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Design Lessons from Kathy Griffin

The Mrs. and I are fans of Kathy Griffin's Bravo TV series My Life on D-List. Partially because my old friend Dennis Hensley appeared on the show in season one (although mysteriously, never since. Is he not one of her "best gays" anymore?)

In any case, watching her prepare and perform her live shows has some interesting process lessons for designers.

  • Know the audience. aka Know the user. Every time Kathy bombs at a gig, it is usually because the audience isn't who she expected them to be. In order to that you need to...
  • Do some research. When Kathy performed in a prison recently, she went there early to meet some of her audience and figure out what their lives were like and she could tailor the jokes appropriately. The lesson for designers is pretty obvious: find out the context and the users.
  • Prototype. When she is in "research mode," Kathy often tests out jokes with the people she meets. She sees how far she can push them and what they are going to laugh at. A small test of a concept goes a long way.
  • Use their language. When she performed at the prison, Kathy learned some of the prison lingo from the convicts, then used them in jokes, especially in her first jokes. They got big laughs and it immediately broke the ice with the audience. She spoke their language and established empathy and showed understanding right from the start. We should do the same: speak the language of our audiences, be they users, marketing, engineering, or business owners.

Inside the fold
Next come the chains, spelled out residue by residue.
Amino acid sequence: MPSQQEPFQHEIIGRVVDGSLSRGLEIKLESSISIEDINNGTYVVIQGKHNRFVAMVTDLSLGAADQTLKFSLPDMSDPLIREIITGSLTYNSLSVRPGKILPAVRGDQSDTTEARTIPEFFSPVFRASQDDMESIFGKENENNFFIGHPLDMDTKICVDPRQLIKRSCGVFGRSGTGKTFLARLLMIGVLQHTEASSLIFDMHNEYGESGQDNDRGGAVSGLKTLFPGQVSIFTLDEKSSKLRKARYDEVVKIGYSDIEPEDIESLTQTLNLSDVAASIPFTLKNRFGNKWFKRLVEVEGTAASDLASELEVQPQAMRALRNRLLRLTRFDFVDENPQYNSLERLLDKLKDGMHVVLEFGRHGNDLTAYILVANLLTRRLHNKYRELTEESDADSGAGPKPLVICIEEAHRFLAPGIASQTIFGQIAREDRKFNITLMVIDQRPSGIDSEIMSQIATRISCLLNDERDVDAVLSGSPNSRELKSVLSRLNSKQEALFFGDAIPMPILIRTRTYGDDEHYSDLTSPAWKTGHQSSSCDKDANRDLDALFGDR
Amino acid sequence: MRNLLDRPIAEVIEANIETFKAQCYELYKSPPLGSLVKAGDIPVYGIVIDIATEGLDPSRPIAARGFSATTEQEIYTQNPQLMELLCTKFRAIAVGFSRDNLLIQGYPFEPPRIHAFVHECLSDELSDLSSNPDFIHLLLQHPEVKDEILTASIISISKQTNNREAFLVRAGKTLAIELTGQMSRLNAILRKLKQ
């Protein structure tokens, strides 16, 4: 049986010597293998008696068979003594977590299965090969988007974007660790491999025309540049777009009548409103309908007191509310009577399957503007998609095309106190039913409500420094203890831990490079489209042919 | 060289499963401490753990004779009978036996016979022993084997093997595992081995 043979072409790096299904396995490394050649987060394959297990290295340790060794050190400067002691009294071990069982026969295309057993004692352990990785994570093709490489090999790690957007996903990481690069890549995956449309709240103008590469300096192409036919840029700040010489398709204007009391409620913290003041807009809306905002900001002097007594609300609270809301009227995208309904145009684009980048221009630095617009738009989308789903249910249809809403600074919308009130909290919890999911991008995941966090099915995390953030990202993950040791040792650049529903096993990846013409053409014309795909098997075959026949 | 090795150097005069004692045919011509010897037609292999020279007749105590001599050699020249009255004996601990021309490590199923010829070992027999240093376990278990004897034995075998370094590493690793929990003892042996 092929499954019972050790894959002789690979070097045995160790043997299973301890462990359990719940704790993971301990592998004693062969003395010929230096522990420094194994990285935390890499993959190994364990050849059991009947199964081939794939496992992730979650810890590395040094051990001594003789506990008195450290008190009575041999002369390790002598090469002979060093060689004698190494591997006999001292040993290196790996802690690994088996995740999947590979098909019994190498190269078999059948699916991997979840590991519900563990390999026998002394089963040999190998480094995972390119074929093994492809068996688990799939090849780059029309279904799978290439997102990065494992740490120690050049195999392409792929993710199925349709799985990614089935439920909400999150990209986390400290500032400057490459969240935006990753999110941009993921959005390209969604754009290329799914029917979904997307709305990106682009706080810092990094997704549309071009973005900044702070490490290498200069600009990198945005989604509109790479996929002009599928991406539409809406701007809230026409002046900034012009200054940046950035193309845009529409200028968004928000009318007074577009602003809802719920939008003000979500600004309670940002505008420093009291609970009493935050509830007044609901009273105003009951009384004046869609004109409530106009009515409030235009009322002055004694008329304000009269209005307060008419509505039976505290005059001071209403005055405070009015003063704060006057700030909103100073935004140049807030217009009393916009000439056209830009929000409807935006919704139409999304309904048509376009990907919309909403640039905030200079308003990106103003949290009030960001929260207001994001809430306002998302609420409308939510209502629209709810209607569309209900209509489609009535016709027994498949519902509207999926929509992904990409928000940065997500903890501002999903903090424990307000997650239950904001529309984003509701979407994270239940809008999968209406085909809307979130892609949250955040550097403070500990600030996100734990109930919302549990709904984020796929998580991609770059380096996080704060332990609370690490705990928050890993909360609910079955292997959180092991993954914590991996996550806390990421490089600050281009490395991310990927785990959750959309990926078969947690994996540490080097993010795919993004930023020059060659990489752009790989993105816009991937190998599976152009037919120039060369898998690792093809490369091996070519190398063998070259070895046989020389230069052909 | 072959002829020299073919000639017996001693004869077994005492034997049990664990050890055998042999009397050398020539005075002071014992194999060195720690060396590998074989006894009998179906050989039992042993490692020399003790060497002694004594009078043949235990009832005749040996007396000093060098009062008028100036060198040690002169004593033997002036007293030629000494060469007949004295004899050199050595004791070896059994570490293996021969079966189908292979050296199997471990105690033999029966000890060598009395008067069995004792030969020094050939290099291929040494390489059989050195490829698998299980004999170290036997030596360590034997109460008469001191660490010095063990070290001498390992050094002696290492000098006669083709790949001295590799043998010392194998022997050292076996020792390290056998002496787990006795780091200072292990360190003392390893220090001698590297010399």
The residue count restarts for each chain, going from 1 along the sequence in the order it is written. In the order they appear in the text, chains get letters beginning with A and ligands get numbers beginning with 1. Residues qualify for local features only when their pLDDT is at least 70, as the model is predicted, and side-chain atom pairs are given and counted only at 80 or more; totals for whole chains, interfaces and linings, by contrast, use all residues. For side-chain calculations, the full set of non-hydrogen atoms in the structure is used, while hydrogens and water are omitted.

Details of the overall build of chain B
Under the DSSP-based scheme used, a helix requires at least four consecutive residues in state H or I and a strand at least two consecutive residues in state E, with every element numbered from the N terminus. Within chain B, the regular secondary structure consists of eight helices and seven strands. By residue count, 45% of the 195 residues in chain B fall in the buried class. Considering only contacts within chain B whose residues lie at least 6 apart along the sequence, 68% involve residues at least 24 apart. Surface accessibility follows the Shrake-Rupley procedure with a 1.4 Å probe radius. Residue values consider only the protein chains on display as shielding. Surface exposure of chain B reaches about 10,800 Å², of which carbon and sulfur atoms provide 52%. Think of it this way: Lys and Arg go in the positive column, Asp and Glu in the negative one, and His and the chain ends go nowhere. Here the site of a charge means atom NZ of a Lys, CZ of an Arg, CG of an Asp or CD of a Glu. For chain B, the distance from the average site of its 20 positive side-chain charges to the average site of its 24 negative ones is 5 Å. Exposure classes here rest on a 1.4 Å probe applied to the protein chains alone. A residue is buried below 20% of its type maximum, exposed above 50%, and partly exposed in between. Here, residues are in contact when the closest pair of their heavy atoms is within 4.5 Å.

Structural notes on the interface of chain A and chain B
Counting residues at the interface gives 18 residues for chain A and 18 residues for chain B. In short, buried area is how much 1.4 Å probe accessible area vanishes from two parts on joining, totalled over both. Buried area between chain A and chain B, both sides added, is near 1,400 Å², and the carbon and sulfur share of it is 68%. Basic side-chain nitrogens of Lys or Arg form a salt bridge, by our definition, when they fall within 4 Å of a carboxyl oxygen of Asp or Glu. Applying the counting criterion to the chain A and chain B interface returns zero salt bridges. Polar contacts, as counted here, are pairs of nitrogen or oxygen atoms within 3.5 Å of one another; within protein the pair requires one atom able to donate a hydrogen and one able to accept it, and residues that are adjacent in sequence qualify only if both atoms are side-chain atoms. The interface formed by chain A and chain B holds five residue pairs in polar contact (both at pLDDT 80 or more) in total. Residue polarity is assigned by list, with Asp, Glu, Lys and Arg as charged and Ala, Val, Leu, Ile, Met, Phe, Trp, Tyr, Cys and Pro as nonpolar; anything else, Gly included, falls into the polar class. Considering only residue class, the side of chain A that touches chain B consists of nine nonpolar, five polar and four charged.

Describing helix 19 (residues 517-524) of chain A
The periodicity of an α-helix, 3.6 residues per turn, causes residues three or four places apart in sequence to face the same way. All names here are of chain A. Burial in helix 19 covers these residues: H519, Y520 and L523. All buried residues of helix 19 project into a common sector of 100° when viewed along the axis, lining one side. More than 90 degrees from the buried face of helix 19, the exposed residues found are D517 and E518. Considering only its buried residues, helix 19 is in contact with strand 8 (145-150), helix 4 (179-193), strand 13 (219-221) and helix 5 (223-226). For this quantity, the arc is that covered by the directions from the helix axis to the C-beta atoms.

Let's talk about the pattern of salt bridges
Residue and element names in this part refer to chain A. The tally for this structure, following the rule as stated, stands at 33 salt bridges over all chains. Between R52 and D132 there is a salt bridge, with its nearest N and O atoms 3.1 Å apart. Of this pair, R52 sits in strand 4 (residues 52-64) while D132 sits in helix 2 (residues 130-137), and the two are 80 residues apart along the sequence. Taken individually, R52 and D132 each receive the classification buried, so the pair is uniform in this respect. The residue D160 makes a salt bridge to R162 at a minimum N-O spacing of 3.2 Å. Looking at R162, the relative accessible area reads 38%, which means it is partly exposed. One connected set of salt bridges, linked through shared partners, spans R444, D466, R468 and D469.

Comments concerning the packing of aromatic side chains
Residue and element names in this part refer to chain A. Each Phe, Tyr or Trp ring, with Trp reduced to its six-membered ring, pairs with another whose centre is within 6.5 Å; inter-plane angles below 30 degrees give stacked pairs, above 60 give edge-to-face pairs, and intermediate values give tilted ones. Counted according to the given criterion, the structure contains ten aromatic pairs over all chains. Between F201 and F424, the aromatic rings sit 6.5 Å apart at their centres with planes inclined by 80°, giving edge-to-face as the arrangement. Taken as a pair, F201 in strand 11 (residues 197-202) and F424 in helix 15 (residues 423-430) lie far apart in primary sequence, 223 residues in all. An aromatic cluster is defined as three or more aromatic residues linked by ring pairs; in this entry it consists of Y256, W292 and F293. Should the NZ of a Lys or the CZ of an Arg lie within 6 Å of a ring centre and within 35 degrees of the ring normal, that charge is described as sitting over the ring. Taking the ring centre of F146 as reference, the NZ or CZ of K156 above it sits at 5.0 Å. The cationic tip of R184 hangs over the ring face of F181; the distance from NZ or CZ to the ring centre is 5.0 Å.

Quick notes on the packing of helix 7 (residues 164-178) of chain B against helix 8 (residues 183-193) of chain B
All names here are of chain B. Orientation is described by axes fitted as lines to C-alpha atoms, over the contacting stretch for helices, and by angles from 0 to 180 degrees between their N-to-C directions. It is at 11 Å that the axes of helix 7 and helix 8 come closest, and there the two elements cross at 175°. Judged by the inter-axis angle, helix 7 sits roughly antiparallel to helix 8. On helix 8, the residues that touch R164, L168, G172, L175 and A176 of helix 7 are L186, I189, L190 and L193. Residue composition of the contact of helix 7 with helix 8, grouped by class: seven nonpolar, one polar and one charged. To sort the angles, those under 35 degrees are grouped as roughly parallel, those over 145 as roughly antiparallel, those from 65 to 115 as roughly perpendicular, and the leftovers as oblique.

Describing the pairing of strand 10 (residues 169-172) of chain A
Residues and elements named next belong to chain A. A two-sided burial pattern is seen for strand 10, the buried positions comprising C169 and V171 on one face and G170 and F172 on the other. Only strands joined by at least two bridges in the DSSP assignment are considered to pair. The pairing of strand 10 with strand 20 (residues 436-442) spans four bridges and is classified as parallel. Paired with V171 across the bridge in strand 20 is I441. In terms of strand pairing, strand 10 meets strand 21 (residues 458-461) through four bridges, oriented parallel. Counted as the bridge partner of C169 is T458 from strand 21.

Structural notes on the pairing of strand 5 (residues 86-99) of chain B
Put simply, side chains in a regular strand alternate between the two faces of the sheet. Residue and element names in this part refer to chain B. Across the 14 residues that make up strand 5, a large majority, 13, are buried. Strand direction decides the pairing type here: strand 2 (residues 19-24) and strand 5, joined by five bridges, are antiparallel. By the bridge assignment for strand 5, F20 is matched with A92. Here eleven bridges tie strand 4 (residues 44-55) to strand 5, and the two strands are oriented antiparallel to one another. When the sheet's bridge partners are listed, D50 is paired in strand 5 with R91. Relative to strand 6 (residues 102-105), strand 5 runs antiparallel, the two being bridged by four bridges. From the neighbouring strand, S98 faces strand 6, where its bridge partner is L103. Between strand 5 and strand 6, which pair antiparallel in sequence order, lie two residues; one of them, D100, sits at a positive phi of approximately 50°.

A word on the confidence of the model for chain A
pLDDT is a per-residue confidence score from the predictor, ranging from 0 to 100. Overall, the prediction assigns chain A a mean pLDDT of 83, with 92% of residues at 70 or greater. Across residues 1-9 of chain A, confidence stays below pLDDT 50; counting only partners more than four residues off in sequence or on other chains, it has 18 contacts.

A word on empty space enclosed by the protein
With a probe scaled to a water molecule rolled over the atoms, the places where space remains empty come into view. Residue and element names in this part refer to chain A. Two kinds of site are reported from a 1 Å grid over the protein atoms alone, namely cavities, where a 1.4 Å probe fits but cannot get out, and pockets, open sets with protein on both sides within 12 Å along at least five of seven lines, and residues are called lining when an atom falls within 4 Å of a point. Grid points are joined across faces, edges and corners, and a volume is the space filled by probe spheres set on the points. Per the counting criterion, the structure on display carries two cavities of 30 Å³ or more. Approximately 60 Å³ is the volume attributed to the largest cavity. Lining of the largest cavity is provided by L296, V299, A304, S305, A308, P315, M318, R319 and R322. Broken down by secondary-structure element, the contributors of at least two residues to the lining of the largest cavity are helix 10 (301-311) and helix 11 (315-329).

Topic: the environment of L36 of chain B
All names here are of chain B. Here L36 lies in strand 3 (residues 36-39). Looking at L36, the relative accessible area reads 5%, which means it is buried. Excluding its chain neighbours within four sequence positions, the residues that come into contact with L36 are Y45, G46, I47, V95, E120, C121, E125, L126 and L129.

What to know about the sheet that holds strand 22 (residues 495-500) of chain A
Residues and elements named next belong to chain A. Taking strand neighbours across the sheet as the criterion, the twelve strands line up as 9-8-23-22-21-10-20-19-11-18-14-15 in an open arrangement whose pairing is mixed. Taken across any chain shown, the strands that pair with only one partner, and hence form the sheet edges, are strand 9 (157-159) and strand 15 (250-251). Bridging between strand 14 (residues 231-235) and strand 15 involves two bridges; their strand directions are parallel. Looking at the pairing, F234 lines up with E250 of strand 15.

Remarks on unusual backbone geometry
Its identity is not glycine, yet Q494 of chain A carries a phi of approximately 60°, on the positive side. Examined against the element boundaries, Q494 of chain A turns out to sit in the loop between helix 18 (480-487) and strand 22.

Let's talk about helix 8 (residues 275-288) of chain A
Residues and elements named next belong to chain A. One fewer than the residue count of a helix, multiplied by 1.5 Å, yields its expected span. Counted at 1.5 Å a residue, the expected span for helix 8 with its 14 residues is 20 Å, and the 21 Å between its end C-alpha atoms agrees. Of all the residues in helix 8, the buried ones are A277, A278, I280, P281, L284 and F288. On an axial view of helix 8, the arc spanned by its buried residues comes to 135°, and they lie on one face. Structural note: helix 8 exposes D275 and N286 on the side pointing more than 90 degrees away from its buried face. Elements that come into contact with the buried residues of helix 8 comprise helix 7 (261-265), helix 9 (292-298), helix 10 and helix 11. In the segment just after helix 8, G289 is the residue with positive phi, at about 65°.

• Keep a notebook. Kathy has a spiral-bound notebook she carries around with her and is even onstage with her often. It contains notes and ideas for jokes (I'm guessing) so she can change her show on the fly if necessary. It also (I'm guessing) is where she takes notes on her "culture research" which is really the subject matter from which she spins her shows. Designers (me included) would do well to keep a physical notebook for inspiration and memory refreshers.
  • Tell stories. Kathy onstage is mostly a storyteller, doing long bits on her encounters with celebrities. She does it in a very self-effacing way that puts the audience there in the story with her. Designers too need stories, about the product and about the process they went through to create the
  • Tell the truth. What's funny about Kathy's schtick is that she is often (as cliche as it is) saying the things you might think, but never say out loud. She can be merciless with some of the celebrities she skews, but it works because her observations (and impressions) are so dead-on. Designers should be so fearless in telling truth to power ("This new product idea isn't very good.")

I'm now able to write off my Tivo as a business expense.

Originally posted at Thursday, July 12, 2007 | Comments (0) | Trackback (0)

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